Caffeine allergy is a deceptive allergy. Ongoing caffeine anaphylaxis reduces allergic inflammation and maintains organ stimulation. Endogenous glucocorticoids (including cortisol) inhibit inflammation (Claman, 1983). Theophylline is the principle therapy for asthma. All forms of theophylline maintain open bronchial passages, allowing for easier breathing. During ongoing caffeine anaphylaxis, airways remain open.


Adrenaline, the drug of choice for anaphylaxis, is always present in a caffeine consumer. By suppressing phosphodiesterase release, caffeine (Davidson, 1969) increases cyclic AMP. Excess amounts of cyclic AMP inhibit histamine production (Dykewicz, 2001; Ernst et al., 1999). Phosphodiesterase inhibitors inhibit histamine release (Raderer et al., 1995).


Cyclic AMP is increased in patients diagnosed as schizophrenic and many individuals diagnosed with affective disorders (Nishino et al., 1993; Erban et al., 1980; Biederman et al., 1977). Histamine is reduced in persons diagnosed with schizophrenia, a late stage of ongoing caffeine anaphylaxis.


Although the histamine level is low in schizophrenics (Malek-Ahmadi et al., 1976; Hoffer et al., 1967), schizophrenic patients exhibit a marked tolerance to histamine (Lea, 1955). This suggests, in the case of caffeine anaphylaxis, that during the onset stage of schizophrenia, when anaphylaxis induced hyperactivity, or anaphylaxis induced panic symptoms were mistaken as ADD, anxiety, or panic, (before continued cerebral poisoning), histamine was increased but the allergy went undetected.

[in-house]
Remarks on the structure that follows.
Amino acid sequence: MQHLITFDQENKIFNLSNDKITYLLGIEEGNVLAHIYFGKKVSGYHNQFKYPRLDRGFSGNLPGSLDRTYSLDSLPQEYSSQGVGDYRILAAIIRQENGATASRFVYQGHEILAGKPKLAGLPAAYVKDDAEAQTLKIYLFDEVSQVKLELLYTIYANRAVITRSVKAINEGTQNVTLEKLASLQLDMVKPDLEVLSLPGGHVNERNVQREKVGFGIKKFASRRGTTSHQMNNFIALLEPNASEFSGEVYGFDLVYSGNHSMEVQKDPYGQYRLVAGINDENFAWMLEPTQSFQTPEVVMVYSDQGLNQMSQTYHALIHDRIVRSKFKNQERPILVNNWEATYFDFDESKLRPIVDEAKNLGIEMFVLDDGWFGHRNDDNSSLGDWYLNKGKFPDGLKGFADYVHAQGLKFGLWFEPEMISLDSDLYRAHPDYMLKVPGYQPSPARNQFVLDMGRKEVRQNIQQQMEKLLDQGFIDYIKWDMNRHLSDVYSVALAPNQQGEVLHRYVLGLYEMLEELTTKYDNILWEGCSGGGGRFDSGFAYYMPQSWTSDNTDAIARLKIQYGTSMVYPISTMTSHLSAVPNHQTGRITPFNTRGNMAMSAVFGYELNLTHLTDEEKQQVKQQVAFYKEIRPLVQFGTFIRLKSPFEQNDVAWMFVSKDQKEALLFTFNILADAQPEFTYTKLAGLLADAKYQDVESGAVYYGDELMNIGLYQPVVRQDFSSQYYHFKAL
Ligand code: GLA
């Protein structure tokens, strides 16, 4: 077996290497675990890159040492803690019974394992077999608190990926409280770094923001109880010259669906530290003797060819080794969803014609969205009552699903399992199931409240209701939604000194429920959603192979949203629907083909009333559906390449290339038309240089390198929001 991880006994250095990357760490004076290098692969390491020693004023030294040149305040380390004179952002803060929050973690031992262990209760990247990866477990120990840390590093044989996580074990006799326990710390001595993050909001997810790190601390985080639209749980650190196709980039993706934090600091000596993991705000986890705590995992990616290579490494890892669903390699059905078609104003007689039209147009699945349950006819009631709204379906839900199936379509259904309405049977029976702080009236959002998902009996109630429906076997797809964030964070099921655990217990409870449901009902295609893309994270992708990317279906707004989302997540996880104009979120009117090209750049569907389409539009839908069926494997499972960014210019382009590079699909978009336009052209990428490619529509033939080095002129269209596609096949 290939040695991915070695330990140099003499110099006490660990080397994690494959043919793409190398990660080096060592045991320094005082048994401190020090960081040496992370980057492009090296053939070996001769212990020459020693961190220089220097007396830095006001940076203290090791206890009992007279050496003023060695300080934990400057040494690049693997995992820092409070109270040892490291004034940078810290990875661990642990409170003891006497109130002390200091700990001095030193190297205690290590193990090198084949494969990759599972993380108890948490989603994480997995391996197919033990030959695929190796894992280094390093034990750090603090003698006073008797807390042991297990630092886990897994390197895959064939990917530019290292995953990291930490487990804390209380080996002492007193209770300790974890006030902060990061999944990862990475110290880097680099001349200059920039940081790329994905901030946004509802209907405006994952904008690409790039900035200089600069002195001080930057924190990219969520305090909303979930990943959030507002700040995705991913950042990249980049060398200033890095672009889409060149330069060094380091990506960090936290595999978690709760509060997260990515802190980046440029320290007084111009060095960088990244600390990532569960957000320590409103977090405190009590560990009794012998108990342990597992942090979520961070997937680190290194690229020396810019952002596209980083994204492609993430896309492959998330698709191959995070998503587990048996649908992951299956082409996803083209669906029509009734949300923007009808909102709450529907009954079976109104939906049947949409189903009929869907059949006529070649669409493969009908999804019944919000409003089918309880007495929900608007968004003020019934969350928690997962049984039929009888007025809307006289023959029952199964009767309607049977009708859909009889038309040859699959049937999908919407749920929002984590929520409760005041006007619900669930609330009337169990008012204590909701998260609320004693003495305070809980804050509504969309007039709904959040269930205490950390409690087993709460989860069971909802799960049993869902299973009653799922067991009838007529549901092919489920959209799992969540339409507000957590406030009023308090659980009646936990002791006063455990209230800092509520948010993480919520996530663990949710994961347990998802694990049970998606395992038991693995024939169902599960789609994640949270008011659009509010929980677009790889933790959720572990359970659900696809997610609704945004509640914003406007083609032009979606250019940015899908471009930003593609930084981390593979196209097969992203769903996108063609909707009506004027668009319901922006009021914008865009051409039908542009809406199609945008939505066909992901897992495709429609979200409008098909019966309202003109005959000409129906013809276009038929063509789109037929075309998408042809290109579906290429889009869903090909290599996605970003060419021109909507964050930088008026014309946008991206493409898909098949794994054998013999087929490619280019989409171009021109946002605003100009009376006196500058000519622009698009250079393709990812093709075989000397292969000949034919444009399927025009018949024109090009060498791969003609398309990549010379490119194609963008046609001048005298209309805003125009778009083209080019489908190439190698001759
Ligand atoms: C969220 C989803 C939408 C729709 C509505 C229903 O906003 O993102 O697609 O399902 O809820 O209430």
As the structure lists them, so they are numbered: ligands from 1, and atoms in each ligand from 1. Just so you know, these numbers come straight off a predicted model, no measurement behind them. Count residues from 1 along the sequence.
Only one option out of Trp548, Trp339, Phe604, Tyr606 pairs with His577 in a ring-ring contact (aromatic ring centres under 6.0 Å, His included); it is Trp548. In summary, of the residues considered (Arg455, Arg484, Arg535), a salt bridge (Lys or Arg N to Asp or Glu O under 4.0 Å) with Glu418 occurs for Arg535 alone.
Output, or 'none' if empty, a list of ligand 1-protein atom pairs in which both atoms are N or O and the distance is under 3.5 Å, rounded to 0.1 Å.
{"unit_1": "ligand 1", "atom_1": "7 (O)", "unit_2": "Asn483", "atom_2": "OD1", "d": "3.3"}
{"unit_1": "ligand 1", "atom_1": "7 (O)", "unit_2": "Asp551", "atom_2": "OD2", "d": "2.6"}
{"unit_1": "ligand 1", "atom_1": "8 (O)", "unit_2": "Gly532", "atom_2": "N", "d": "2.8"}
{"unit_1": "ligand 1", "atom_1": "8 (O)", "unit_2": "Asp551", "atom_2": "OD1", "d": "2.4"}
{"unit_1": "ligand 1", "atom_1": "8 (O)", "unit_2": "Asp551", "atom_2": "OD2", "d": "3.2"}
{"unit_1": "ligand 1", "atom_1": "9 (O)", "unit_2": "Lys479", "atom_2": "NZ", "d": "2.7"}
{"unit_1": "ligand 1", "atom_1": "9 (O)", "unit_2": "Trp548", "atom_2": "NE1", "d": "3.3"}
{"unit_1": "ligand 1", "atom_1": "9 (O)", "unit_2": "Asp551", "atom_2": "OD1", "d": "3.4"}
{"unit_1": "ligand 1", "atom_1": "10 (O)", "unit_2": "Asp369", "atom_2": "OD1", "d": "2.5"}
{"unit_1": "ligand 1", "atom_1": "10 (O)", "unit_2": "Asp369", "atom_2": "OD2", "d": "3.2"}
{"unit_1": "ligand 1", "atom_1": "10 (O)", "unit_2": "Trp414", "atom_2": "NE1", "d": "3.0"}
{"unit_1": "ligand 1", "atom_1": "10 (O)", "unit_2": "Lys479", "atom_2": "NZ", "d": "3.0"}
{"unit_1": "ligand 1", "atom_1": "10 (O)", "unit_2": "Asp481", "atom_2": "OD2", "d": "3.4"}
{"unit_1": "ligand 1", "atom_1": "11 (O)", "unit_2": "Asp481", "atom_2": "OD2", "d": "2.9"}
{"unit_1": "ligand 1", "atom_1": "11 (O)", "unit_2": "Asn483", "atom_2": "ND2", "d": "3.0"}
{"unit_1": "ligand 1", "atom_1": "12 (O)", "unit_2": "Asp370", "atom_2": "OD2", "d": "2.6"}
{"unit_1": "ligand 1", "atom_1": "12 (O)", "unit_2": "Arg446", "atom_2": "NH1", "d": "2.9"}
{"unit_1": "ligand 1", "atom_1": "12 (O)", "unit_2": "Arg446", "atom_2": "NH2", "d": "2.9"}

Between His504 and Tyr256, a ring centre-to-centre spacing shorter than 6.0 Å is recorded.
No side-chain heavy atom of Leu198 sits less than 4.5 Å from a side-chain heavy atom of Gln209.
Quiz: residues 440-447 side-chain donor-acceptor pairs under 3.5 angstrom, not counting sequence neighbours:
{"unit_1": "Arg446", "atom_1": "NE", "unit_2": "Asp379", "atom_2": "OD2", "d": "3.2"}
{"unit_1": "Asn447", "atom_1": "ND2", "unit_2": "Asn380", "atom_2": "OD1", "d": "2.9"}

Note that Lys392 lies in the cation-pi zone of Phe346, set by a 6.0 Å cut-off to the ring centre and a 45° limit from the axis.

Symptoms of allergic anxiety (Bonner, 2000; Kaplan, 2000; Walsh, 2000) may be mistaken as anxiety neurosis, considered an onset symptom of schizophrenia. When a young person experiencing a first anxiety episode arrives in an emergency room, doctors suspect a developing schizophrenia (Victor, 2001).


Attention and memory deficits accompany schizophrenia (Zuffante et al., 2001; Goldberg et al., 1993). Researchers theorize that prior to the onset of schizophrenia changes in a person’s cognition may be subtle (Goldberg, 1993).


Chlorpromazine (Thorazine) and other phenothiazine drugs exhibit an anti-histamine effect (Sifton, 1994; Malek-Ahmadi, 1976), similar to diphenhydramine (Benadryl). A person allergic to caffeine, taking a phenothiazine medication, will experience relief of the physical manifestations of ongoing caffeine anaphylaxis. In addition, phenothiazine medications reduce allergic induced abnormal psychological symptoms, including a reduction in paranoia, hallucinations, and delusions, and generate a return of partial insight, focus, and comprehension.


Ongoing caffeine allergy induces a progressive toxic dementia (McManamy, 1936). In a caffeine allergic person, each caffeine or theophylline dose increases toxin accumulation. A buildup of caffeine, which may exceed tolerance level, saturates the ability of metabolism (Carrillo et al., 2000; Nehlig, 1999); rate of drug accumulation exceeds rate of elimination. Introducing a stimulant into a caffeine allergic individual’s system will further poison the frontal cortex and hypothalamus and continue to mask allergic symptoms of caffeine anaphylaxis. Continued stimulant use increases toxic psychosis, which results in decreased affect and deterioration of mental abilities.